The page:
Marla Maples Explained How Tiffany Trump Deals With Internet Trolls & I'm Impressed
While President Donald Trump is in office his family takes up some prime real estate in the spotlight. Given Trump's contentious road to the Oval Office — and in the Oval Office for that matter — a lot of that attention is negative, and his family must find ways to deal. Marla Maples explained how Tiffany Trump deals with Internet trolls, and I am actually kind of impressed.
In an April 12 interview with CNN, Maples chose not to comment on her past relationship with the president. (Maples, who divorced the now-president in 1999 after six years of marriage, was Trump's second wife and is the mother of the younger first daughter, Tiffany Trump.) However, Maples did offer some insight into how she and Tiffany handle all of the negative attention on the Internet.
Maples explained that although seeing an influx of negative comments online can be hurtful, she and Tiffany don't let the trolls get to them. Instead, the mother and daughter lean on each other and talk through it. Maples said,
You can't [pay attention to it] and my daughter [Tiffany], too. Every now and then we'll see it and it's painful. We just have to talk each other through it and keep focus on what you're giving in the world. That's all you can focus on.
Apparently Maples is able to guide her daughter through so well because she has been in similar situations. In her CNN interview, Maples also talked about how she had been bullied in the past, and how it's important for people to try and put a stop to that. She said,
I've been exposed to a lot of bullying myself and some awful experiences. I just believe we have to come together and stop judging each other and start loving each other. That to me is the most important thing.
I've seen a lot of the comments directed towards Tiffany on social media, and even I have a hard time reading them. So, good for Maples for teaching her daughter to rise above and remain confident in the face of negativity.
Maples is used to being in the spotlight as well. She first came on the scene when she was runner-up to Miss Georgia in the 1984 pageant, according to CNN. Maples then went on to Broadway and made appearances on '90s sitcoms like The Fresh Prince of Bel Air and The Nanny.
Presumably because of her Hollywood past, CNN asked Maples to weigh in on the #MeToo movement. I would guess, though, that Maples was also asked to weigh in given that her ex-husband Trump has been accused of sexual misconduct by more than a dozen women. (The official White House position on these allegations is that the women are lying, and Trump has also tweeted that he didn't know any of the accusers.)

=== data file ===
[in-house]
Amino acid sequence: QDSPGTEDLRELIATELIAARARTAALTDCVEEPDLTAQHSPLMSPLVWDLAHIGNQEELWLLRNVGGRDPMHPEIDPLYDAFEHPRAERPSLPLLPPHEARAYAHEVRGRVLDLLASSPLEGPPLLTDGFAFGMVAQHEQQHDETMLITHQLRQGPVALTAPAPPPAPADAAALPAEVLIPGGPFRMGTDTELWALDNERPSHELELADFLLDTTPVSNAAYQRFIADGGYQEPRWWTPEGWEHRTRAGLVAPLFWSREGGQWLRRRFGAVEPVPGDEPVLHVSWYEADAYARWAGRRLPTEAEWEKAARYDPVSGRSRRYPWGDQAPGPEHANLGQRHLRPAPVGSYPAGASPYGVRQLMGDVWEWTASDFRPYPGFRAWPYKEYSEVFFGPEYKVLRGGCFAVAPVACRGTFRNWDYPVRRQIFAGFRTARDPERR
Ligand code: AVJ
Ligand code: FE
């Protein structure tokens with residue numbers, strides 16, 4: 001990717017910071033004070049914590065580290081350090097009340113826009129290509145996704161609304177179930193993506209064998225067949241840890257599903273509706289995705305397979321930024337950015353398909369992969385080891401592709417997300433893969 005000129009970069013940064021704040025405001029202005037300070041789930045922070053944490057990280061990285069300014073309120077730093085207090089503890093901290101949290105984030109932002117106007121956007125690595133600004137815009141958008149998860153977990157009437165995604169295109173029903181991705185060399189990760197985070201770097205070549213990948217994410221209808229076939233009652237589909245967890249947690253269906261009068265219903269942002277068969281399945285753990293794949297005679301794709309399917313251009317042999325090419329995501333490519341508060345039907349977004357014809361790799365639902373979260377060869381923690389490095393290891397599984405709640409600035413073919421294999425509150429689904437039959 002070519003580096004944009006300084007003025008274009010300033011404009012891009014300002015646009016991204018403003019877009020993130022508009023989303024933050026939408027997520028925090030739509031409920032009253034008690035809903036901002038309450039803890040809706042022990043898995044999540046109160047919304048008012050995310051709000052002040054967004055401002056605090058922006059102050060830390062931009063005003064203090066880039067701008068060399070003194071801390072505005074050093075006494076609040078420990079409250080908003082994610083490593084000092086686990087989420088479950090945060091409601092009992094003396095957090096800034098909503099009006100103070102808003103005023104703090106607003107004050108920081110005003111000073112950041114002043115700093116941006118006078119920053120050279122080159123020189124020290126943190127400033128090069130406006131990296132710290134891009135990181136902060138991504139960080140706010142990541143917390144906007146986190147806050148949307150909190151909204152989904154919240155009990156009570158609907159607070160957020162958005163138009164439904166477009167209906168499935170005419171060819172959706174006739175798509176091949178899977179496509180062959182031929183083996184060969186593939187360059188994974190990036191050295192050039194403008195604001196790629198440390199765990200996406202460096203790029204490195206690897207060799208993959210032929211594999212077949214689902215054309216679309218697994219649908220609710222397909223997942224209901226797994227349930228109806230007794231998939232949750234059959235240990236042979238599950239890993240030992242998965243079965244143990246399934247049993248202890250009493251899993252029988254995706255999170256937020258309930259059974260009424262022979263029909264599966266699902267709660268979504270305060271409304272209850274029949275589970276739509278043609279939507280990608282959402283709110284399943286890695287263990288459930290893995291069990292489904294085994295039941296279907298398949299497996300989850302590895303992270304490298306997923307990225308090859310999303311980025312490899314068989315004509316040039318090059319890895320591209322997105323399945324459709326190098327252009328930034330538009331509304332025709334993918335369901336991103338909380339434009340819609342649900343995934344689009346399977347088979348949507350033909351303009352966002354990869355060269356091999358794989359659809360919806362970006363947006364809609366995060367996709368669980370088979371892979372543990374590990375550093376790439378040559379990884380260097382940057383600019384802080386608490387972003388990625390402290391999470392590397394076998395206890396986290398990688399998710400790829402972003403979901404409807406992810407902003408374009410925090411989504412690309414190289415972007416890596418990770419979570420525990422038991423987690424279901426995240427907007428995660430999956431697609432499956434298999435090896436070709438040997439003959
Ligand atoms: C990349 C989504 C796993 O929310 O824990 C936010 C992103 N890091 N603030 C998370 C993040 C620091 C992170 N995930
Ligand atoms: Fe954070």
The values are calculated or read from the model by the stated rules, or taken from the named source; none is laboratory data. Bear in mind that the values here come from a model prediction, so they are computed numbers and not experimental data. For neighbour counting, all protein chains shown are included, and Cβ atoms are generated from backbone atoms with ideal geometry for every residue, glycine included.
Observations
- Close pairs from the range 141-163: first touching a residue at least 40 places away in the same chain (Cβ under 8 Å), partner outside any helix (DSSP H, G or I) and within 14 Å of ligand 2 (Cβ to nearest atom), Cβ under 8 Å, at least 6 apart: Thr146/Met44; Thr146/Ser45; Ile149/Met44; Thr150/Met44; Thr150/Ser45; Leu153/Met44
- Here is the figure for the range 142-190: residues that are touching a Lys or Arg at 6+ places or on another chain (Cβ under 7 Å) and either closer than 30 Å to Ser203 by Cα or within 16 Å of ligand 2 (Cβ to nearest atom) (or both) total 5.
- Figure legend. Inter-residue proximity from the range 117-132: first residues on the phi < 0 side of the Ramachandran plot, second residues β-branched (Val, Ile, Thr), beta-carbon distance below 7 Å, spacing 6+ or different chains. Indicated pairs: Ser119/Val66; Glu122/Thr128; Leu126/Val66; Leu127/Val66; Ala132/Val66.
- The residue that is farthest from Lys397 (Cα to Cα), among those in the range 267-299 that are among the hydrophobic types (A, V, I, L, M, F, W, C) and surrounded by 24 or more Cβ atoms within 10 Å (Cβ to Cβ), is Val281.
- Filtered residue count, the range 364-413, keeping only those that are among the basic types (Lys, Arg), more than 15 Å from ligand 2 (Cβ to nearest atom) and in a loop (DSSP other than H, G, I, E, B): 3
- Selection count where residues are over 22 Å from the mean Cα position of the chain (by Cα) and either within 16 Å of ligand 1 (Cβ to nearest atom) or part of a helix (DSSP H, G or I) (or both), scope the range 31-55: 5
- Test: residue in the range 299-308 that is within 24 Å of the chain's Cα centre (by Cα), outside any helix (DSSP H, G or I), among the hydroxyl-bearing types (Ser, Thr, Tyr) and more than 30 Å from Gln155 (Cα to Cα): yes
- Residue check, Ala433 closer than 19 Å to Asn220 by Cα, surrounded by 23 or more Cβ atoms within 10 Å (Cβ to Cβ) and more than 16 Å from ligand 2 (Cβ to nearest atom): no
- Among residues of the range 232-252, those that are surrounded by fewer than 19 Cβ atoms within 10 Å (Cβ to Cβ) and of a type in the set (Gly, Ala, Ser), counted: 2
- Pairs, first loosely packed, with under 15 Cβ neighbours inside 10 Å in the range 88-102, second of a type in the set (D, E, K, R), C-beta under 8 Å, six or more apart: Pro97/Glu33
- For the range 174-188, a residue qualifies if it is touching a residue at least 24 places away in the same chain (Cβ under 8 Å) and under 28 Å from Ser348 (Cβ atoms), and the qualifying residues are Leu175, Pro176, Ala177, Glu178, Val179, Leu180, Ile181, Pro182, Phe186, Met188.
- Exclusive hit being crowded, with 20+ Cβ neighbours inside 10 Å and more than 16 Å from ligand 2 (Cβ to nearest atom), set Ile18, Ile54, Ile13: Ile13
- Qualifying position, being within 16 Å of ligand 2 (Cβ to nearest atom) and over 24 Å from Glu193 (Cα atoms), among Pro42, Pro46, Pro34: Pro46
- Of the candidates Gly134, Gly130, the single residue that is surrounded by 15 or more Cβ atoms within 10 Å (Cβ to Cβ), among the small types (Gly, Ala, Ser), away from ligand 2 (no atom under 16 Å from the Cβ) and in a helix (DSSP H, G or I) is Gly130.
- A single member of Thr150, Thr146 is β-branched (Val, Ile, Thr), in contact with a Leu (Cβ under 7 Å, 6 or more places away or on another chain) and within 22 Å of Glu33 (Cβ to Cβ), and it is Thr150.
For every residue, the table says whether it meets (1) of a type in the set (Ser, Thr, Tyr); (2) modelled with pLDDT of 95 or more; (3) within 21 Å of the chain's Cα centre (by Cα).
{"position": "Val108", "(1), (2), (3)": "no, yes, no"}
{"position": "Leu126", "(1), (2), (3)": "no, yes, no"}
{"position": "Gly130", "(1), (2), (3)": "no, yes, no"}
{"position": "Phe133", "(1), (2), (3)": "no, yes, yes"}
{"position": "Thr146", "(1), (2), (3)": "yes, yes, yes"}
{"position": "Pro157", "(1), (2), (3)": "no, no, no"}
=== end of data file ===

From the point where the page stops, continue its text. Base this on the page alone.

So what does a performer, actress, and a former Mrs. Trump have to say about #MeToo? Her thoughts were very genuine and made sense given her career history. Maples explained that she could have used a campaign like #MeToo when she was coming up in her career. She thinks that it's important for women and men who have been sexually harassed to have a platform to share their stories, and also have a support system. She told CNN,
I wish when I was young as a model, an actress, that I had the similar space to talk about the things that happened to me when I was there [in Hollywood] from Atlanta, Georgia and dealing with things that were very, very painful that happened. I didn't know how to express myself. I think it's really important for women and men, because it's also men who are in these abusive situations, to be able to come together and have each other to share these stories and open their hearts to healing.
Maples' affair with Trump was, well, torrid. The two began seeing each other while Trump was still married to his first wife Ivana Trump. So naturally, it garnered a lot of media attention. After the couple divorced, Maples decided to move her daughter out of New York City, out of the spotlight, and off to California. But now, Tiffany is all grown up and with a President Daddy very much in the spotlight — with everything that entails. Thankfully, though, Maples is prepared from her own experiences and can teach her daughter not to let all the negative comments and attention get her down.